Advocacy organizations urge NCAA to include nondiscrimination protections in constitution
Seventeen national advocacy organizations — including the Human Rights Campaign, GLAAD, and Athlete Ally — have called on the NCAA "to include previously existing nondiscrimination protections" in the regulatory body's new constitution, Sports Illustrated reports.
Though the latest draft of the document includes changes awarding more power to schools and conferences, the amended version "removed nondiscrimination language that sought to protect women, athletes of color and LGBTQ athletes in NCAA competitions," Sports Illustrated writes, per the advocacy groups' letter to the NCAA Board of Governors ahead of a vote to ratify the constitution.
"While decentralizing the NCAA and giving power to conferences and schools has its benefits, we are concerned that leaving the enforcement of non-discrimination protections to schools will create a patchwork of protections rather than a comprehensive policy that would protect all athletes, no matter where they play," reads the letter.
The groups also highlighted the particular challenges faced by transgender athletes "who have to contend with discriminatory laws that are being enacted in states across the country," per the letter. Though the NCAA has previously "responded firmly" to discrimination against transgender athletes, the new constitution has left advocacy groups "wary of trusting states and individual schools," writes Sports Illustrated.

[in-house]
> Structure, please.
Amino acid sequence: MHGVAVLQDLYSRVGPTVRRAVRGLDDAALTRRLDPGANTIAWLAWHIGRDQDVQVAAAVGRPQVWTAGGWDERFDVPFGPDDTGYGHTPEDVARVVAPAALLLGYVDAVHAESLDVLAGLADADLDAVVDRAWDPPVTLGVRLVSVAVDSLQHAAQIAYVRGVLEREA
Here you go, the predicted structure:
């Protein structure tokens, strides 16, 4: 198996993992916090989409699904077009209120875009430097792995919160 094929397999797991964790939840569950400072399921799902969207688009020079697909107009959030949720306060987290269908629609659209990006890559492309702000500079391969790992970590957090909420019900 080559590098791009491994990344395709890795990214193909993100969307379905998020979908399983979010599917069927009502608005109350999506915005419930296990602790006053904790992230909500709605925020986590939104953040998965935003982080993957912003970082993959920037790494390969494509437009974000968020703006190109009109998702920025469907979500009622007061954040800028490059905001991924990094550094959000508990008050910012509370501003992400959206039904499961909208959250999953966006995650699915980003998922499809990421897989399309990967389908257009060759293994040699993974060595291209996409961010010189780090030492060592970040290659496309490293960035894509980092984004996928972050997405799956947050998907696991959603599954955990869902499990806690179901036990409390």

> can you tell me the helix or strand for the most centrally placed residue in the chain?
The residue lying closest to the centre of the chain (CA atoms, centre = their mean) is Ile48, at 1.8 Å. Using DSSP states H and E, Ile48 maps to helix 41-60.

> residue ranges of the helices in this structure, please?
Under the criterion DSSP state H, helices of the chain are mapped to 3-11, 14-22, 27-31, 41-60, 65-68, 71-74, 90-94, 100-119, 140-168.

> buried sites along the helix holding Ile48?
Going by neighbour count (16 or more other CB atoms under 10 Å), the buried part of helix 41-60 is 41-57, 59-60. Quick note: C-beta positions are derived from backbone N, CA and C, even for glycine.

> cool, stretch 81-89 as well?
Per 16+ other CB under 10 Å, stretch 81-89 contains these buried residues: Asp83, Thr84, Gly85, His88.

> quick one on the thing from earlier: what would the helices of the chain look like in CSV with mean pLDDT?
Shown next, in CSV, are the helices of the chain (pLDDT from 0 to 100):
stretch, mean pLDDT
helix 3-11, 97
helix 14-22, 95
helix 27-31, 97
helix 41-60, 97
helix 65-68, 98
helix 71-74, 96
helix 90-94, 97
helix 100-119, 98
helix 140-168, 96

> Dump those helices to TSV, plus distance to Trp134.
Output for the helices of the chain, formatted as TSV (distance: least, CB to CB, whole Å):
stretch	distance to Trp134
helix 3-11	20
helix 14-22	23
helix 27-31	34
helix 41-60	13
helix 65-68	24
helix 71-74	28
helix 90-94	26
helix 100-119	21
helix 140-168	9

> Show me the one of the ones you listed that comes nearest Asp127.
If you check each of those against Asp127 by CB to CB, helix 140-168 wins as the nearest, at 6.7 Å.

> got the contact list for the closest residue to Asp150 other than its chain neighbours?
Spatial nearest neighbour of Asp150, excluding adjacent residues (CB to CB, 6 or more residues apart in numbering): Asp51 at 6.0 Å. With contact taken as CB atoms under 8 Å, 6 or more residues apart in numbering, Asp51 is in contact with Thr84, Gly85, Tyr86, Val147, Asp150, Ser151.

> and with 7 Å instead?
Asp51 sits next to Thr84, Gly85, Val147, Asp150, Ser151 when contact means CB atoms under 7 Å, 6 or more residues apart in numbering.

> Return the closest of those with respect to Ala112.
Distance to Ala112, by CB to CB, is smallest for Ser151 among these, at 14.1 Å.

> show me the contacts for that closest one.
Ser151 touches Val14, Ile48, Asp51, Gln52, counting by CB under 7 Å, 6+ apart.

Notably, on Wednesday night, the NCAA updated its guidelines to reflect a "sport-by-sport" approach for policies relating to transgender athletes, "bringing the organization in line with the U.S. and International Olympic Committees," writes NBC News.
Per the new guidelines, transgender athlete participation will be decided by the sport's national governing body, "subject to review and recommendation by an NCAA committee to the Board of Governors," per NBC News. In instances where there is no national body, the sport's international federation policy or IOC policy criteria would take effect. The new rules are effective immediately.
HRC is "still reviewing" the NCAA's updated policy.